Masterpiece Stories

Vincent van Gogh, The Starry Night (Painting Of The Week)

Zuzanna Stańska 3 December 2016 min Read

The Starry Night by Vincent van Gogh is one of those iconic painting everyone recognizes. But not everyone knows it’s story! Today we will try to answer all your questions regarding The Starry Night.

“This morning I saw the countryside from my window a long time before sunrise, with nothing but the morning star, which looked very big,” wrote van Gogh to his brother Theo, describing his inspiration for the painting. The window was in the Saint-Paul asylum in Saint-Rémy, in southern France, where he sought respite from his emotional suffering.

Vincent van Gogh, Window of Studio at the Asylum, 1899, Van Gogh Museum, Amsterdam
Vincent van Gogh, Window of Studio at the Asylum, 1899, Van Gogh Museum, Amsterdam

Interesting that van Gogh never considered “The Starry Night” to be a good painting. He wrote to Theo, “All in all the only things I consider a little good in it are the Wheatfield, the Mountain, the Orchard, the Olive trees with the blue hills and the Portrait and the Entrance to the quarry, and the rest says nothing to me.”

Vincent van Gogh, The Starry Night, 1888, Museum of Modern Art, New York
Vincent van Gogh, The Starry Night, 1888, Museum of Modern Art, New York

Van Gogh depicted the view at different times of day and under various weather conditions, including sunrise, moonrise, sunshine-filled days, overcast days, windy days, and one day with rain. The hospital staff did not allow Van Gogh to paint in his bedroom, but he was able to make sketches in ink or charcoal on paper, and eventually he would base newer variations on previous versions. The Starry Night is the only nocturne in the series of views from his bedroom window.

Van Gogh's window in an asylum
Van Gogh’s window in an asylum

The Starry Night is based on van Gogh’s direct observations as well as his imagination, memories, and emotions. The steeple of the church, for example, resembles those common in his native Holland, not in France. The whirling forms in the sky, on the other hand, match published astronomical observations of clouds of dust and gas known as nebulae. The hallucinatory character of the painting and its violently expressive form created its eternal legend.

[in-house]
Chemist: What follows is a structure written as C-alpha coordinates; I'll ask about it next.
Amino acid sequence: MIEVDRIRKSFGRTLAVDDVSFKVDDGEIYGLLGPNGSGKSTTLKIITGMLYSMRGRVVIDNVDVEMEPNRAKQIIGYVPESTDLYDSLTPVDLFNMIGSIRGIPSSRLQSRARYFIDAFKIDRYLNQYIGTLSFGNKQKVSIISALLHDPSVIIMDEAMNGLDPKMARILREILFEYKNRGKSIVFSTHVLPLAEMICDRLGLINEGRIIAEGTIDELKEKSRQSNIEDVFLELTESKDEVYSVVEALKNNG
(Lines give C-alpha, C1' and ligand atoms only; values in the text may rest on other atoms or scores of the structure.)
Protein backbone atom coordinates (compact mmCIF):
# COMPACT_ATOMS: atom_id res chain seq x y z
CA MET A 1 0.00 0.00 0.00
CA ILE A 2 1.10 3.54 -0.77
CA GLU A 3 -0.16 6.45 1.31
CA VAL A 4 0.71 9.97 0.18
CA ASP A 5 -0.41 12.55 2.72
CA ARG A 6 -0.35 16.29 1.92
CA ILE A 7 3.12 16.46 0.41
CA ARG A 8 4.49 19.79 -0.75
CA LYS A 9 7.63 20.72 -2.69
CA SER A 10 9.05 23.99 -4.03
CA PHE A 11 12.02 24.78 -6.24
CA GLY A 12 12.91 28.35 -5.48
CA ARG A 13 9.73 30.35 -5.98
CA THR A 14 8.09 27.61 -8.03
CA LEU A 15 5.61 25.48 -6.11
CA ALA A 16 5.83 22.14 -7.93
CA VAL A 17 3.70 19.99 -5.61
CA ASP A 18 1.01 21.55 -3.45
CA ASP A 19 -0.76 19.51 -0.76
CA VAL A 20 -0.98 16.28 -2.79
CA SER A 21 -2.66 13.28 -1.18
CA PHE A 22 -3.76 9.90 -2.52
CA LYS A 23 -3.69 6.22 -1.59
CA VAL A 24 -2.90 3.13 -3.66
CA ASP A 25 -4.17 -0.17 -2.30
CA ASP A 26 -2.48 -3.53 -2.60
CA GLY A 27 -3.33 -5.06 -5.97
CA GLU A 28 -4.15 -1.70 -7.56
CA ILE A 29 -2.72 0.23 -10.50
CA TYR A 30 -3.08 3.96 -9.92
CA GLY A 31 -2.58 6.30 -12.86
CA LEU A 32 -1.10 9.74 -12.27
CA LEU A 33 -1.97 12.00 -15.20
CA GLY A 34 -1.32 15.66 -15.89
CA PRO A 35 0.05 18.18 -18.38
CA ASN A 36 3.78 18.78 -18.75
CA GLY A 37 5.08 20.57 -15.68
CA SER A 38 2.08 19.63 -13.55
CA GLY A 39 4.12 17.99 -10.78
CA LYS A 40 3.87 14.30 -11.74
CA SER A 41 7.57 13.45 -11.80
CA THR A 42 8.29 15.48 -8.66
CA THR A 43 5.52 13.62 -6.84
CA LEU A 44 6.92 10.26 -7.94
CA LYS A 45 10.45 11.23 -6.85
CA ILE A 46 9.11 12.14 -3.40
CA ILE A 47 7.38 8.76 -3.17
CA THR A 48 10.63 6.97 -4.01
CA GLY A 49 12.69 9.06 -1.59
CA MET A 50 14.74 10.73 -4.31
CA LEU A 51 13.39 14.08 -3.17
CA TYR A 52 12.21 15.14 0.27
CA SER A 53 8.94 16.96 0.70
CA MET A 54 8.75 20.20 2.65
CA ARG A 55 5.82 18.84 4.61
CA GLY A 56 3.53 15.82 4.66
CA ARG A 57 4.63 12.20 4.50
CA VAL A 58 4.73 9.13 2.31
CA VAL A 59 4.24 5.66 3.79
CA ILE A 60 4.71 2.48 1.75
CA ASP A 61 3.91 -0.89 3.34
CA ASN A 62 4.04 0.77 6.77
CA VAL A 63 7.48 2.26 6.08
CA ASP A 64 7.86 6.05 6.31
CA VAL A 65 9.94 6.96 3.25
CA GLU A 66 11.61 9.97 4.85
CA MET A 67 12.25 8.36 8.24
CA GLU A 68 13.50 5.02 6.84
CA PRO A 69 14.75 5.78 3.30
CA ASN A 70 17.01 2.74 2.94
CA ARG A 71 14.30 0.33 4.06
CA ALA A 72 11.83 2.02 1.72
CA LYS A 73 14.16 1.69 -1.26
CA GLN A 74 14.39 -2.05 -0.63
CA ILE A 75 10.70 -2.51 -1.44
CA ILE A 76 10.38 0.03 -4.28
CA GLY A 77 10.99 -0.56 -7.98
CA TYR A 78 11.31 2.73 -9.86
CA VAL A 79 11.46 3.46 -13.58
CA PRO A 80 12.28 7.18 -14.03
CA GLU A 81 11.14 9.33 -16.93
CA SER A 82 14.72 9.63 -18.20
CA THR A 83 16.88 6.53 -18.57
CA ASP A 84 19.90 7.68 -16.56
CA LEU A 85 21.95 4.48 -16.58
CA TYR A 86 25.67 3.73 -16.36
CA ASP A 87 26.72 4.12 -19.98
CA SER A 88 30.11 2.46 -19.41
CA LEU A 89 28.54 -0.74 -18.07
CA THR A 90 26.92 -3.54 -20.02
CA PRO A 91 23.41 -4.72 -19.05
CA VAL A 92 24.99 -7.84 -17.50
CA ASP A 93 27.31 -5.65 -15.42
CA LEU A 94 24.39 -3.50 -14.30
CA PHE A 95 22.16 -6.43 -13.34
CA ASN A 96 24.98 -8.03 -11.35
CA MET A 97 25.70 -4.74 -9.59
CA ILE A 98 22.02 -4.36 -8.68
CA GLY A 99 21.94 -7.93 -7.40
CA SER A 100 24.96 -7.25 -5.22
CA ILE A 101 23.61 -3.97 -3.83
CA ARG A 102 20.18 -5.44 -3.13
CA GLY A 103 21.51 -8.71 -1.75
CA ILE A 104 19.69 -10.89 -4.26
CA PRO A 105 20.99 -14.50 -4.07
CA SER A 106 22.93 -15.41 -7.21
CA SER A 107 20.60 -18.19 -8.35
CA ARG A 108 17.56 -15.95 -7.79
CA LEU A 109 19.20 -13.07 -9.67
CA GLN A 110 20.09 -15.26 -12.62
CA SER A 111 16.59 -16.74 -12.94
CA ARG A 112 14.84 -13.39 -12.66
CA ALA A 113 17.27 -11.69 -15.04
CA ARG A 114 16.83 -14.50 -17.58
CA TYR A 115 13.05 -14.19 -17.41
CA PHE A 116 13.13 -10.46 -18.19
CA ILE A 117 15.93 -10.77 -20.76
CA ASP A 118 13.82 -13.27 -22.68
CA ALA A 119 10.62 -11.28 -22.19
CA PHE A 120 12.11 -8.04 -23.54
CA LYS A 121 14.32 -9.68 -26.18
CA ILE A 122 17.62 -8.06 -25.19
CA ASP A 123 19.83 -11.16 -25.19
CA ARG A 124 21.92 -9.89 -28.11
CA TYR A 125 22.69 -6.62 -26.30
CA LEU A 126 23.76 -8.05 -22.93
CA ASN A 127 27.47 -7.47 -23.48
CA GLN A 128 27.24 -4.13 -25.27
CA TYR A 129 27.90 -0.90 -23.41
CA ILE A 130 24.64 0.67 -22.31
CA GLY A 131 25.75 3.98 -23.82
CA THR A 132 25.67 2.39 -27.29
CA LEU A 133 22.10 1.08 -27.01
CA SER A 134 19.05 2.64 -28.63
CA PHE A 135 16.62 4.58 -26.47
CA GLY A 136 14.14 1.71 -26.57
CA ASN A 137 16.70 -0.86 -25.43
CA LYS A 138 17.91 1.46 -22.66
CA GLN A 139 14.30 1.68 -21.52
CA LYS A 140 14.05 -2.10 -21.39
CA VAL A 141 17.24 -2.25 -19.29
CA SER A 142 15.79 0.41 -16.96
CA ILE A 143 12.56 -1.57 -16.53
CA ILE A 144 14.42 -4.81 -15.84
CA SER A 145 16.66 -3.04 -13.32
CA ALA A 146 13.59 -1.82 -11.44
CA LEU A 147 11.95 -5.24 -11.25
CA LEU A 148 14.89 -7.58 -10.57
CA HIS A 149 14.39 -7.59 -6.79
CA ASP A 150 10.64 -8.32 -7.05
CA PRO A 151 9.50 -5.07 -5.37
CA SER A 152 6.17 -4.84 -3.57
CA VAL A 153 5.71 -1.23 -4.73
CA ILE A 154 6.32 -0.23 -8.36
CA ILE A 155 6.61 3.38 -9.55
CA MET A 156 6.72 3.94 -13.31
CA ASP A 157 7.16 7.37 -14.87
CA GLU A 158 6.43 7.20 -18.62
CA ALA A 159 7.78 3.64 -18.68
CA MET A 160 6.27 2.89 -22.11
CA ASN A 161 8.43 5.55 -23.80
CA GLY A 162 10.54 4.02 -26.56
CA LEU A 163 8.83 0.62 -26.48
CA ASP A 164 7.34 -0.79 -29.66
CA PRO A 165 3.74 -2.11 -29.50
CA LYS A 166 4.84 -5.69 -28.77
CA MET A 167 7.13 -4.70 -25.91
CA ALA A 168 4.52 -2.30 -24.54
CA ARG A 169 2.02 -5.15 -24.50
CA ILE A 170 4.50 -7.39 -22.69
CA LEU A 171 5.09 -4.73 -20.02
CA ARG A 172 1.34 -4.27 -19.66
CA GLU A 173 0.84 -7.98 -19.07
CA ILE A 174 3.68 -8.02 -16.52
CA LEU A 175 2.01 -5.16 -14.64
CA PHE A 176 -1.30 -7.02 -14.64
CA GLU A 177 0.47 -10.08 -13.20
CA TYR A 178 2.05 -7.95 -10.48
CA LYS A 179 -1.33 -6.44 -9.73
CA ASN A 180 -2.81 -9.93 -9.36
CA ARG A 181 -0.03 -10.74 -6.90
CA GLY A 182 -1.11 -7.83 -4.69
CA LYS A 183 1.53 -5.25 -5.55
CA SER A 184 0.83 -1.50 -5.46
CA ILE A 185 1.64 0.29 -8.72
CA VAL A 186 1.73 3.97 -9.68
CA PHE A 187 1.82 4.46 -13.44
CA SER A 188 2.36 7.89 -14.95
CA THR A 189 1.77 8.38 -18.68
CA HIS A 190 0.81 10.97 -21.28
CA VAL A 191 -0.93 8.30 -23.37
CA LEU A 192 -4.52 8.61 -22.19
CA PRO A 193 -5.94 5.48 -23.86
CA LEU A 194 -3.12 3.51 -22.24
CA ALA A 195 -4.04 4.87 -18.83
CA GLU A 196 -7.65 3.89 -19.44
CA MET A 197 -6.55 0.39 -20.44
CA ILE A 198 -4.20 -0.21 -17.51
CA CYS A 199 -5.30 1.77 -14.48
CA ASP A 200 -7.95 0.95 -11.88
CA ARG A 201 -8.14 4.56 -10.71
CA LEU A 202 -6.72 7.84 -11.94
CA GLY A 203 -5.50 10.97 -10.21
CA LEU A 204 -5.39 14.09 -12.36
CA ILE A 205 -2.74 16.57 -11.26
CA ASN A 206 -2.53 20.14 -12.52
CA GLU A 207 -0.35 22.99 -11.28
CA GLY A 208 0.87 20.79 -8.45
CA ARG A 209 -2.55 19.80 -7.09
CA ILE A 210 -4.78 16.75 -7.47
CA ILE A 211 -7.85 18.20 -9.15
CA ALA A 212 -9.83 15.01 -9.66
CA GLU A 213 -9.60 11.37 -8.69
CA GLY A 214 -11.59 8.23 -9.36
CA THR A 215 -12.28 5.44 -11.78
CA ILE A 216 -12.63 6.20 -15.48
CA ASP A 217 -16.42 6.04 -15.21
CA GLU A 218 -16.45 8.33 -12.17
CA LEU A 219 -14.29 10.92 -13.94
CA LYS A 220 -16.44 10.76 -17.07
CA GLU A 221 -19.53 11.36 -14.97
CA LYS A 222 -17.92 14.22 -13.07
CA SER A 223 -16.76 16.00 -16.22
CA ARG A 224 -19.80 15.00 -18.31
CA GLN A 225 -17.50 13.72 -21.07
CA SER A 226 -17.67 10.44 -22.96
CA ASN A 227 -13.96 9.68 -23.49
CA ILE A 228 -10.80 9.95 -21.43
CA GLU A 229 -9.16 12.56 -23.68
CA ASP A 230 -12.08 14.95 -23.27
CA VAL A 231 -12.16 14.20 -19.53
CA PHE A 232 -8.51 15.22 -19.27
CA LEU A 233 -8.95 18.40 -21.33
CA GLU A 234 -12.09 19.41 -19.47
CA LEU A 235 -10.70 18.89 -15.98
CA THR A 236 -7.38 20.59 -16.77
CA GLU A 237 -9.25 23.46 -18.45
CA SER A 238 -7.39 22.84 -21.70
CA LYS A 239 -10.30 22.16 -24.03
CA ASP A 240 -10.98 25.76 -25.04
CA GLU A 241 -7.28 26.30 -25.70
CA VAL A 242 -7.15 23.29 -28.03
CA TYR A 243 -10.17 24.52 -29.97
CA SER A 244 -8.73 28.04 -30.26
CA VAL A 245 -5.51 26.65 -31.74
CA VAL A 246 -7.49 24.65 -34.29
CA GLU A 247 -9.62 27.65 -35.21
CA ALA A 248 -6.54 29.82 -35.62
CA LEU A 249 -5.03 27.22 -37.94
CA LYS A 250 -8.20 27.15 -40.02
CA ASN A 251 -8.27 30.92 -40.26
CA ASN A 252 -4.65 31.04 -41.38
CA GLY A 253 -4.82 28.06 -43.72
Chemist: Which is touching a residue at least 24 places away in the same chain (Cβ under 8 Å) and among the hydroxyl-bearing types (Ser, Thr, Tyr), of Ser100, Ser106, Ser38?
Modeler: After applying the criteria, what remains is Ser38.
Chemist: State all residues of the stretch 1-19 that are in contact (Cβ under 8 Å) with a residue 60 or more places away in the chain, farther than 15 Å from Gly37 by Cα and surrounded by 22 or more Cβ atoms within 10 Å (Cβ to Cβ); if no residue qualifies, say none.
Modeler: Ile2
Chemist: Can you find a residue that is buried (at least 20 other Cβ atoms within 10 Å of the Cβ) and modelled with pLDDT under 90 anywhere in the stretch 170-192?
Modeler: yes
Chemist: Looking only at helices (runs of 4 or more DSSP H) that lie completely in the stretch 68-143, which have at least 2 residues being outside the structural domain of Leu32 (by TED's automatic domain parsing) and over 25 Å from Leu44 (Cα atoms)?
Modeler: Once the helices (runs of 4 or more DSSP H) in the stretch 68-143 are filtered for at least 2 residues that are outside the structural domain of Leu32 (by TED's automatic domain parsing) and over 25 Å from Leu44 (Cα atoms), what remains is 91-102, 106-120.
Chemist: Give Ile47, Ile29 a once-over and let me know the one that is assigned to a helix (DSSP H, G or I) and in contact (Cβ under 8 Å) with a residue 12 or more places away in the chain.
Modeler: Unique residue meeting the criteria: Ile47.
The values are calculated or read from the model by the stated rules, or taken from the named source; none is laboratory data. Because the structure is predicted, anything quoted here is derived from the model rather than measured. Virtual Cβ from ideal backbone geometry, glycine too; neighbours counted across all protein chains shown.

The drawing Cypresses in Starry Night, a reed pen copy executed by Van Gogh after the painting in 1889. Originally held at Kunsthalle Bremen, today part of the disputed Baldin Collection
The drawing Cypresses in Starry Night, a reed pen copy executed by Van Gogh after the painting in 1889. Originally held at Kunsthalle Bremen, today part of the disputed Baldin Collection

The dark spires in the foreground are cypress trees, plants most often associated with cemeteries and death. This gives a special significance to this van Gogh quote, “Looking at the stars always makes me dream. Why, I ask myself, shouldn’t the shining dots of the sky be as accessible as the black dots on the map of France? Just as we take the train to get to Tarascon or Rouen, we take death to reach a star.”

Stars (detail), Vincent van Gogh, detail The Starry Night, 1889
Stars (detail), Vincent van Gogh, detail The Starry Night, 1889

A year before creating this painting van Gogh created his original Starry Night, sometimes known as Starry Night Over The Rhone.

Vincent van Gogh, Starry Night over Rhone, 1898, Musée d'Orsay
Vincent van Gogh, Starry Night over Rhone, 1898, Musée d’Orsay

 

Find out more:

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